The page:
- All platforms except for the Classic and Micro-Ai can be retrofitted with more modern Radeons. That includes AGP versions of the Radeon R300 (like a Radeon 9800) or PCI versions of these cards.
- An card like a X1650 costs 25 Euros.

There is really not more to say about this topic. I think the above pretty much sums it up. As I said, most of the platforms we support can be retrofitted with "better" cards. We might take a look at the issue with MicroA1 later on (note: the word 'might') and see if we can make things work for those as well. Other than that: See above.





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mufa
Nieaktywny użytkownik starego forum

OpenGL - postępy prac wysłany: 2011-04-09 13:30

@konrad
3D na Amidze sięga bowiem czasów Amigi klasycznej. Takie API jak Warp3D czy MiniGL to naprawdę stare technologie




Skoro przypomnialeś stare czasy, to mały rys historyczny, dotyczący rozwoju Warp3D. Może komuś się przyda, tym bardziej że nawet Wikipedia w tym względzie za wiele nie mówi.







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konrad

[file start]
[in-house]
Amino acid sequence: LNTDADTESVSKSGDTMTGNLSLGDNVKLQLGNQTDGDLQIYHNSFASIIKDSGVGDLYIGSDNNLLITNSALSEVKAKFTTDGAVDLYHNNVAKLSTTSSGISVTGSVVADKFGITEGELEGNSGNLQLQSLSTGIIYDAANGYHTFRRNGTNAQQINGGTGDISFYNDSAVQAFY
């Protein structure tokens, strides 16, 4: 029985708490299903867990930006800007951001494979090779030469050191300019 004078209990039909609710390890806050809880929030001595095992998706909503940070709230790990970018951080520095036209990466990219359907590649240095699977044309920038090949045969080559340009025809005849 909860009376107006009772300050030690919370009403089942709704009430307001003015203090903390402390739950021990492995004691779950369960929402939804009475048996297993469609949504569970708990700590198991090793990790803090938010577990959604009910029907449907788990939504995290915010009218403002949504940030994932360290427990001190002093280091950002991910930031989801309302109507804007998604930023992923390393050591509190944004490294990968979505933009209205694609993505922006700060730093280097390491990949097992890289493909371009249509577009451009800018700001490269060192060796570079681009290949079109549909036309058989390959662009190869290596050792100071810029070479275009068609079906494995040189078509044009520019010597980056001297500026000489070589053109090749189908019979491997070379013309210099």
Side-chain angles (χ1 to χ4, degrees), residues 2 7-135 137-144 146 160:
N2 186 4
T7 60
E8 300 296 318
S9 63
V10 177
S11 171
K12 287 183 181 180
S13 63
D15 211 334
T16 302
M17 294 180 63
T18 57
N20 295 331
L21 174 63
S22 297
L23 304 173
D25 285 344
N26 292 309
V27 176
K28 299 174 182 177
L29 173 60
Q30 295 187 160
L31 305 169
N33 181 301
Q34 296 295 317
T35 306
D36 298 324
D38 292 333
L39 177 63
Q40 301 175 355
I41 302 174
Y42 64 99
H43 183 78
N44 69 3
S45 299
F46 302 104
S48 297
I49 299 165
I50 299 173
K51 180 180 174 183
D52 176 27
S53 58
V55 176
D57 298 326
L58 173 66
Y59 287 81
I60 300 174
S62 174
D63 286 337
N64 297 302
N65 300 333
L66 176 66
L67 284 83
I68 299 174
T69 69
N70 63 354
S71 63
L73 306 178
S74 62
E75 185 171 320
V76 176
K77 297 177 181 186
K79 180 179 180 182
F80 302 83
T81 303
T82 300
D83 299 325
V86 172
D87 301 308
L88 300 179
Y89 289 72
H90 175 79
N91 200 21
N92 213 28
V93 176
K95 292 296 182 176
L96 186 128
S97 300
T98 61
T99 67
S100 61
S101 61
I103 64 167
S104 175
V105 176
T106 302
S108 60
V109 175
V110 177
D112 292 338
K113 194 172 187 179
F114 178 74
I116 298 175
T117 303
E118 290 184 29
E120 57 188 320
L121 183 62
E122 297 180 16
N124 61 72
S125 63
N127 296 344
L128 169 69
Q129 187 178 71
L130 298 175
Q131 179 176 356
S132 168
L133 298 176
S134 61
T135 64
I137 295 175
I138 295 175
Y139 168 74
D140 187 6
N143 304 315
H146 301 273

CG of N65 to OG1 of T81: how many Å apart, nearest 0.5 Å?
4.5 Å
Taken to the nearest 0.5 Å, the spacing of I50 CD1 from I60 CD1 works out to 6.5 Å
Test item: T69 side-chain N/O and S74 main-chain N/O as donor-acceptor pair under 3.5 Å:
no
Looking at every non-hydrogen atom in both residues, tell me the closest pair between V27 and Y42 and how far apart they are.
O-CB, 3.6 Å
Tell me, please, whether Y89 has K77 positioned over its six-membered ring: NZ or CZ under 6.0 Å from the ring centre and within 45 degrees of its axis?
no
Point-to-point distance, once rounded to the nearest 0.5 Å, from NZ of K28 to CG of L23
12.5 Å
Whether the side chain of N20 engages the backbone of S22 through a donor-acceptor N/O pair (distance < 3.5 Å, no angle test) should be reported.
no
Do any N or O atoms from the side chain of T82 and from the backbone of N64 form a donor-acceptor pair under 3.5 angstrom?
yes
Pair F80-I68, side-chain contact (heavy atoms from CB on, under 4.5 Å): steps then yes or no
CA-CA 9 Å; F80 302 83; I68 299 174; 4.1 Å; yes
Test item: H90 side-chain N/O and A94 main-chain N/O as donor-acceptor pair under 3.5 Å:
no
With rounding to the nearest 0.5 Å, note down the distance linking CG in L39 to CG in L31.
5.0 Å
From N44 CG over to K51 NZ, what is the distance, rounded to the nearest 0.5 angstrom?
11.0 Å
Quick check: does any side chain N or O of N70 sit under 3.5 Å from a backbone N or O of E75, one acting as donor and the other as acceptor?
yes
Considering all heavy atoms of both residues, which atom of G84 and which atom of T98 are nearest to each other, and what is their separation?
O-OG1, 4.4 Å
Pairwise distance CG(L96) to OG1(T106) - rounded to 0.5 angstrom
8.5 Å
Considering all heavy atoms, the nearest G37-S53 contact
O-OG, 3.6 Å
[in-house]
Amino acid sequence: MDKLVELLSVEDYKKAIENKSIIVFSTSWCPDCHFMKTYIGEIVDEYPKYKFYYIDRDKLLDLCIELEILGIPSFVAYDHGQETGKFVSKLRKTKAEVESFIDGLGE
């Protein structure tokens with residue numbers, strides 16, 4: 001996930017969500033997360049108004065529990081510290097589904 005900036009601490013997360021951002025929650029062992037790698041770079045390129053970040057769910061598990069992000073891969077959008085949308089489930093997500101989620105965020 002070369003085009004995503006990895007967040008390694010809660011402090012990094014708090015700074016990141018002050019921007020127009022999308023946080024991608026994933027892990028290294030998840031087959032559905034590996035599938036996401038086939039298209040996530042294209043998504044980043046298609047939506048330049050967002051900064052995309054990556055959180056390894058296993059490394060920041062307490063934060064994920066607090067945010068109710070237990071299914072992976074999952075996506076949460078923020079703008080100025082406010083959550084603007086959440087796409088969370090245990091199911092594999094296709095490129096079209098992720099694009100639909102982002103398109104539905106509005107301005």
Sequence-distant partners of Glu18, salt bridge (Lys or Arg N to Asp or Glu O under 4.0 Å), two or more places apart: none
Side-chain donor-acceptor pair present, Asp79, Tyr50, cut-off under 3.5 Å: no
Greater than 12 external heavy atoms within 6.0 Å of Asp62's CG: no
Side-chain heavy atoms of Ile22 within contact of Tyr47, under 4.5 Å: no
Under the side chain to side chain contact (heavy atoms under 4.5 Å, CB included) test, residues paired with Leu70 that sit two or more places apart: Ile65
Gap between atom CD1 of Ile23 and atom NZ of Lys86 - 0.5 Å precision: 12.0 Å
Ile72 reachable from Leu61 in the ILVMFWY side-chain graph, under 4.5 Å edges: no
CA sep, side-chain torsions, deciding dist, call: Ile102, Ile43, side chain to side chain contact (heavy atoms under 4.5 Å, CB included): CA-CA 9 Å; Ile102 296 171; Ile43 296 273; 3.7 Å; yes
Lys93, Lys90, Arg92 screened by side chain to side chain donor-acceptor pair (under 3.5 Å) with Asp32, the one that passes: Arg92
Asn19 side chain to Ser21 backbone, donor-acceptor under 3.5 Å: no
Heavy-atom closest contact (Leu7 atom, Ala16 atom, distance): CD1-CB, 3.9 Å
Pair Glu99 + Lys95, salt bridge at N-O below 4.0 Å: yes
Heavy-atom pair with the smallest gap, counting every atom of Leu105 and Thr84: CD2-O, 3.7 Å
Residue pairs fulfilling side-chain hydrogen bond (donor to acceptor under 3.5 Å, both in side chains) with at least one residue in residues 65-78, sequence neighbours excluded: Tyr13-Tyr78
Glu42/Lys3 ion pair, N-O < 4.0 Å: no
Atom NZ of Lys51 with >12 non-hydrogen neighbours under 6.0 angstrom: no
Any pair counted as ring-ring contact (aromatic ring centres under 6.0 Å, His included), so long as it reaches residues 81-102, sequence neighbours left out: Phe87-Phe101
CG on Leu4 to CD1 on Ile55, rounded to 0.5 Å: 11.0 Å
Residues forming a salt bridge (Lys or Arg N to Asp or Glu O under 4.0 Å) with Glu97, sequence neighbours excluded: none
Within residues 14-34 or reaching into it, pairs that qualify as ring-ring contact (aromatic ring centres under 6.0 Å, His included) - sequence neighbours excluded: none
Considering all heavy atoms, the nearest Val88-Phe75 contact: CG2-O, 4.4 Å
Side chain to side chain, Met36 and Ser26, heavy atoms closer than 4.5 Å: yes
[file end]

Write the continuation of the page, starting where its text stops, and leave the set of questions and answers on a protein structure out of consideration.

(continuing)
Nieaktywny użytkownik starego forum

Re:OpenGL - postępy prac wysłany: 2011-06-09 09:22

Karl Churchill jeden z systemowych deweloperów zajmujących się amigowym 3D o tym dlaczego Warp3D musi odejść. Cytaty z AW.net.

@Karlos
Long term, the best way to speed up Radeon is, I'm sorry to say, move away from Warp3D as a driver layer and to something more OpenGL oriented. In the absence of Gallium3D support (I think R300 is the miniimum there), Mesa might be a good choice. Whatever you pick, Warp3D can be realised as a thin layer interface on top for older applications that use it directly, whereas applications requiring OpenGL can use whatever has replaced it.

Allow me to explain. The biggest problem with Warp3D is that it is a rasterizer only. There's simply nothing in the existing design beyond rendering lists of already computed geometry. For my old applications, this was perfect. I was using it mostly for 2D and adding any additional layers of transformation (even if it was only applying an identity matrix) would have been an unwarranted waste of clock cycles

However, presently most of the 3D applications we are using are based around MiniGL and as such you need a full graphics pipeline. MiniGL implements all the transformation, clipping and lighting in software and then passes the computed vertices over to Warp3D for rasterization, since that's all that Warp3D actually provides. The Radeon chips we are now using are capable of doing so much more and as a result the Warp3D API is simply holding them back.